“You only get work/grants because you are a minority woman.”
“Of course you work a lot, they need you for their diversity numbers.”
“Can you make shows that are ‘more Asian’?”
“Can you make shows that are ‘less Asian’?”
“Do people really need diversity education anymore?  I mean, if you look at TV, it’s pretty diverse.”
“You basically get paid be yourself, right?  That’s not work.”

Here I was, internalizing the hatred and jealousy from other people who don’t understand that working as an artist is more than the fun they see onstage.  Here I was denying myself the privilege of acknowledging that what my work really does is  teach what classrooms can’t, free others to write their lives and histories into existence, bring together communities, and initiate dialogue about the social issues nobody knows how to talk about.

I have worked very hard to do what I do– living in constant financial peril, with no job security, in constant public scrutiny, being the black sheep of my family.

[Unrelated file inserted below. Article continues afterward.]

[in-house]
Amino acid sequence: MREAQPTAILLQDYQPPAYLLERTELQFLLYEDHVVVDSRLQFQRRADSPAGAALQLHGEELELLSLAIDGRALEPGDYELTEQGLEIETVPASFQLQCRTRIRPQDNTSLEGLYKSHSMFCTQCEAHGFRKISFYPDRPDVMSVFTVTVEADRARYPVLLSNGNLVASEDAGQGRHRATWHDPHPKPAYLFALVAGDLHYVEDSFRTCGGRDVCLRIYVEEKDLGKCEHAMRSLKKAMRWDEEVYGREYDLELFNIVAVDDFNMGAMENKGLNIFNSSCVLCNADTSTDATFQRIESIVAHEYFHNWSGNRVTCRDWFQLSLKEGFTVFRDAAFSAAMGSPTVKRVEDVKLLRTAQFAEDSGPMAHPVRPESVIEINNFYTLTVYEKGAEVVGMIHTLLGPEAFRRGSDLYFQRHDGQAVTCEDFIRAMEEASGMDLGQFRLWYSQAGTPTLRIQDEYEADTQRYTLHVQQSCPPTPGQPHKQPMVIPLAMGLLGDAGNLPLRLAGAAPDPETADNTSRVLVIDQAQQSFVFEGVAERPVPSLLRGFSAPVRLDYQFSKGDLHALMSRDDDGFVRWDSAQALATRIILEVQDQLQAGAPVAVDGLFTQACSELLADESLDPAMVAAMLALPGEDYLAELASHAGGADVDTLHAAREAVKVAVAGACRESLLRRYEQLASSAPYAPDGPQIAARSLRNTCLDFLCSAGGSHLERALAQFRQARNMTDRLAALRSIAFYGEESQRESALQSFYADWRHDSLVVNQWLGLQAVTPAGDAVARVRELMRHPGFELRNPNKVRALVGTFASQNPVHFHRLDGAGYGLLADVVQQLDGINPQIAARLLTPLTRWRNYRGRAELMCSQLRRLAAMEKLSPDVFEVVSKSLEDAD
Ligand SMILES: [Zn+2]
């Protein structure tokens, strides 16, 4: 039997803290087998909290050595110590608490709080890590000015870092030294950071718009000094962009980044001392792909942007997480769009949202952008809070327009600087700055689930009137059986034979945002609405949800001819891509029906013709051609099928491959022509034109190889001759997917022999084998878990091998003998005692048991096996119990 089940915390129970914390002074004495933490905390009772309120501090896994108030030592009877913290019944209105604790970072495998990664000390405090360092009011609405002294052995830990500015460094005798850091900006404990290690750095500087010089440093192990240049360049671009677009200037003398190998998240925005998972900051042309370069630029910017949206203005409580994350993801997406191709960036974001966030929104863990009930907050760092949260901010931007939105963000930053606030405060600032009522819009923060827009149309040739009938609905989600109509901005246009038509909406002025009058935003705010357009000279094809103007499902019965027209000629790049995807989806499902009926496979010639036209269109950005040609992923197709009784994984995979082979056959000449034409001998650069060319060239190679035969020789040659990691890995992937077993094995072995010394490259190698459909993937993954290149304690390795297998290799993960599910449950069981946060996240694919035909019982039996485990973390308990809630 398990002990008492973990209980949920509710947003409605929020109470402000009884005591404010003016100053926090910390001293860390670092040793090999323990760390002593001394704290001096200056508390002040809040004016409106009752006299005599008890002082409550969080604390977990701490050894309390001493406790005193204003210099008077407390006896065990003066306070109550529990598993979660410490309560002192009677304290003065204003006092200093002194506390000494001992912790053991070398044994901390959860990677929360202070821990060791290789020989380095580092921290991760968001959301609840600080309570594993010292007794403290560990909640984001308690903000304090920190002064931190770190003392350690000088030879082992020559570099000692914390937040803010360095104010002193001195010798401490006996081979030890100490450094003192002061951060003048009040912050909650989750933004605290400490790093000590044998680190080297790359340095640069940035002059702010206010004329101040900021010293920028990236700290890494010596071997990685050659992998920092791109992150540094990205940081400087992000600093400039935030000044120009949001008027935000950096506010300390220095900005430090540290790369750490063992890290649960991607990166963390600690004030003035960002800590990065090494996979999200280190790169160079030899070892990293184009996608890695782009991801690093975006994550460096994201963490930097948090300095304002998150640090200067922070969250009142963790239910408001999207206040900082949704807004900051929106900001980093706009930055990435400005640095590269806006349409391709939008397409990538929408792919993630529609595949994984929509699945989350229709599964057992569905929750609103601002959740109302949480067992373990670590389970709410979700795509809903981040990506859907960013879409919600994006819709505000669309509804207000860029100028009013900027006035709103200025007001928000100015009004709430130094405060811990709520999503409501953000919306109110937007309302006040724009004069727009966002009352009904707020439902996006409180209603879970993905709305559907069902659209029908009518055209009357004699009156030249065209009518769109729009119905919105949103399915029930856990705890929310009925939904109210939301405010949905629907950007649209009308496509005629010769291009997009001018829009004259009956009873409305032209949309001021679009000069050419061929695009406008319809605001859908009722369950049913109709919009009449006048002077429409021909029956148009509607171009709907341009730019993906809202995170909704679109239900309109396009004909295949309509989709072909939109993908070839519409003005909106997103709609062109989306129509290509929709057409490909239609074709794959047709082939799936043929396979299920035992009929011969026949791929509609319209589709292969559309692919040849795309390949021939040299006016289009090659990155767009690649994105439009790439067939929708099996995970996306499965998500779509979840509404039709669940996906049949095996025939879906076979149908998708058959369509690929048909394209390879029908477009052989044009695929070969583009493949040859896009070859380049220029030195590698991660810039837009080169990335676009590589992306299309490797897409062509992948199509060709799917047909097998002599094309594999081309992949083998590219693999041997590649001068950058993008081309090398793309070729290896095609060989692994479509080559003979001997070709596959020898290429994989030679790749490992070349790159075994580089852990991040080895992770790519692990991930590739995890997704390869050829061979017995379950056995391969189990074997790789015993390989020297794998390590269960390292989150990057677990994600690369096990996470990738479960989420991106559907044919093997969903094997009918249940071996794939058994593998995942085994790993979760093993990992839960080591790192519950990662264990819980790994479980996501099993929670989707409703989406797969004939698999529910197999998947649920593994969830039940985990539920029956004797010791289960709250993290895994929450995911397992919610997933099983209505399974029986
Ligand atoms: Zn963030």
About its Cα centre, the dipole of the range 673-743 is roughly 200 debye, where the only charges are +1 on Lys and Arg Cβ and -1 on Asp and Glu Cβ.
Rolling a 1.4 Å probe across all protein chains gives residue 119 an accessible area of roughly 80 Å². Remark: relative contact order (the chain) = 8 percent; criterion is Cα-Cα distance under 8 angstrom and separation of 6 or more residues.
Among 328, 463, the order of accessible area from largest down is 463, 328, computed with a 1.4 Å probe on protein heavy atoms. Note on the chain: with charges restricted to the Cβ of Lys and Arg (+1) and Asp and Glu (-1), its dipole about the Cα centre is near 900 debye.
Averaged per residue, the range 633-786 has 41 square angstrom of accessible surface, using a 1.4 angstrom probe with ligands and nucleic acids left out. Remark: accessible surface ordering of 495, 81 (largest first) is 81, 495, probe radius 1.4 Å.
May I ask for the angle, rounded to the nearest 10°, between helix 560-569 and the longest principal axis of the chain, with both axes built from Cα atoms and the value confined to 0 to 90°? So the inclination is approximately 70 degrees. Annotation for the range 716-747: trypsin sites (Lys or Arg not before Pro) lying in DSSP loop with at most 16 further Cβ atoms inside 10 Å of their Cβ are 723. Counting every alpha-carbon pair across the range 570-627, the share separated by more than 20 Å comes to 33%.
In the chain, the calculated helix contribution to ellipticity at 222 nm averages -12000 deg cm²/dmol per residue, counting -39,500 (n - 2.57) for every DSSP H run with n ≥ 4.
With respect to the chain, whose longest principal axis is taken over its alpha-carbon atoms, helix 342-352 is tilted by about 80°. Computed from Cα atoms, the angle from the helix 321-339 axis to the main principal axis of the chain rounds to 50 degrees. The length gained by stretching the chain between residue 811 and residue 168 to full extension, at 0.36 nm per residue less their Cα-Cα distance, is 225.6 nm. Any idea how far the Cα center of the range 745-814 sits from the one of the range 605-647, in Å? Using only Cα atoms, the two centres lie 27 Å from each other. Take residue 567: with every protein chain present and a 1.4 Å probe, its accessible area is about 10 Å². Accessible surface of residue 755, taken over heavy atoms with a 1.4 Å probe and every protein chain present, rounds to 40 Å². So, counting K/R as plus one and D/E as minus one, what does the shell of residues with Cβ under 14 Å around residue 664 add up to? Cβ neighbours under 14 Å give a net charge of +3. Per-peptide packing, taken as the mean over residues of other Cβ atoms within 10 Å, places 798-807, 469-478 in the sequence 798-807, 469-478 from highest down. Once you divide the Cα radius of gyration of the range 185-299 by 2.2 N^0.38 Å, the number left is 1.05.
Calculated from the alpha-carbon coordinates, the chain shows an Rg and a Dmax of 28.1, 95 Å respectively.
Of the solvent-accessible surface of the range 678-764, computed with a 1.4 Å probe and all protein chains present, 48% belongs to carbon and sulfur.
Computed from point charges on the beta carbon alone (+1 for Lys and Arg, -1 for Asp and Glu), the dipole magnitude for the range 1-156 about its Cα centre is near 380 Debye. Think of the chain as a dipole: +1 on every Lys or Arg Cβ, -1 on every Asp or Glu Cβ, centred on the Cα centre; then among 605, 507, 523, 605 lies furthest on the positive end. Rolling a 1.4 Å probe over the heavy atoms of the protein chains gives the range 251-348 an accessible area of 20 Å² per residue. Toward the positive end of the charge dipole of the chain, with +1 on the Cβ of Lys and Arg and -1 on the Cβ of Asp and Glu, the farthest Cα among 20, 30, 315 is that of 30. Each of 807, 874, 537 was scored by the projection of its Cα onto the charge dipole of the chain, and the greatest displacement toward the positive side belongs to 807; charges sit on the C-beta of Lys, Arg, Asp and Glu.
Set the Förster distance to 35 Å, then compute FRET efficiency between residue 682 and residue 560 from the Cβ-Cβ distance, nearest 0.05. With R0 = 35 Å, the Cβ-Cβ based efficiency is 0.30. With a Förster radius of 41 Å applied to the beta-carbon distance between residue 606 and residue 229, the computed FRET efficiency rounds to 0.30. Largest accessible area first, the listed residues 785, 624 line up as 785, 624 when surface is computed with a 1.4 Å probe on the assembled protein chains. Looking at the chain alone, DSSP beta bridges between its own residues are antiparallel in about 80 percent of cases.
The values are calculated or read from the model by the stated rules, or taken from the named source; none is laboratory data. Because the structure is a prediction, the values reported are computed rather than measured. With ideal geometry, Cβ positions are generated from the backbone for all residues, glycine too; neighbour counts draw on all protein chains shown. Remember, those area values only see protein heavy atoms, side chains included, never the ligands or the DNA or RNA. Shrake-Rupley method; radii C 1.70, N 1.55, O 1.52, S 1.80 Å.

I have come so close to giving up so many times this month alone.

Here I was, contemplating what kind of profitable non-confrontational “mainstream” work I could make (essentially, work that didn’t make white people feel threatened).

Here I was, trying to figure out the next Grumpy Cat.  The next great viral video about nothing.

All these jaded thoughts and then….  you come along, deliver this “verdict” and give me the ugliest of reminders that racism is still alive and well.

Racism never left.  It’s just hidden itself better than ever.  Racism is not people wearing KKK hoods.  Racism is not segregated bathrooms.  Racism is institutionalized.  It’s in our textbooks.  It’s in police response time. It’s in our healthcare system.  It’s in the quality of inner city public schools.  It’s in our environmental policy.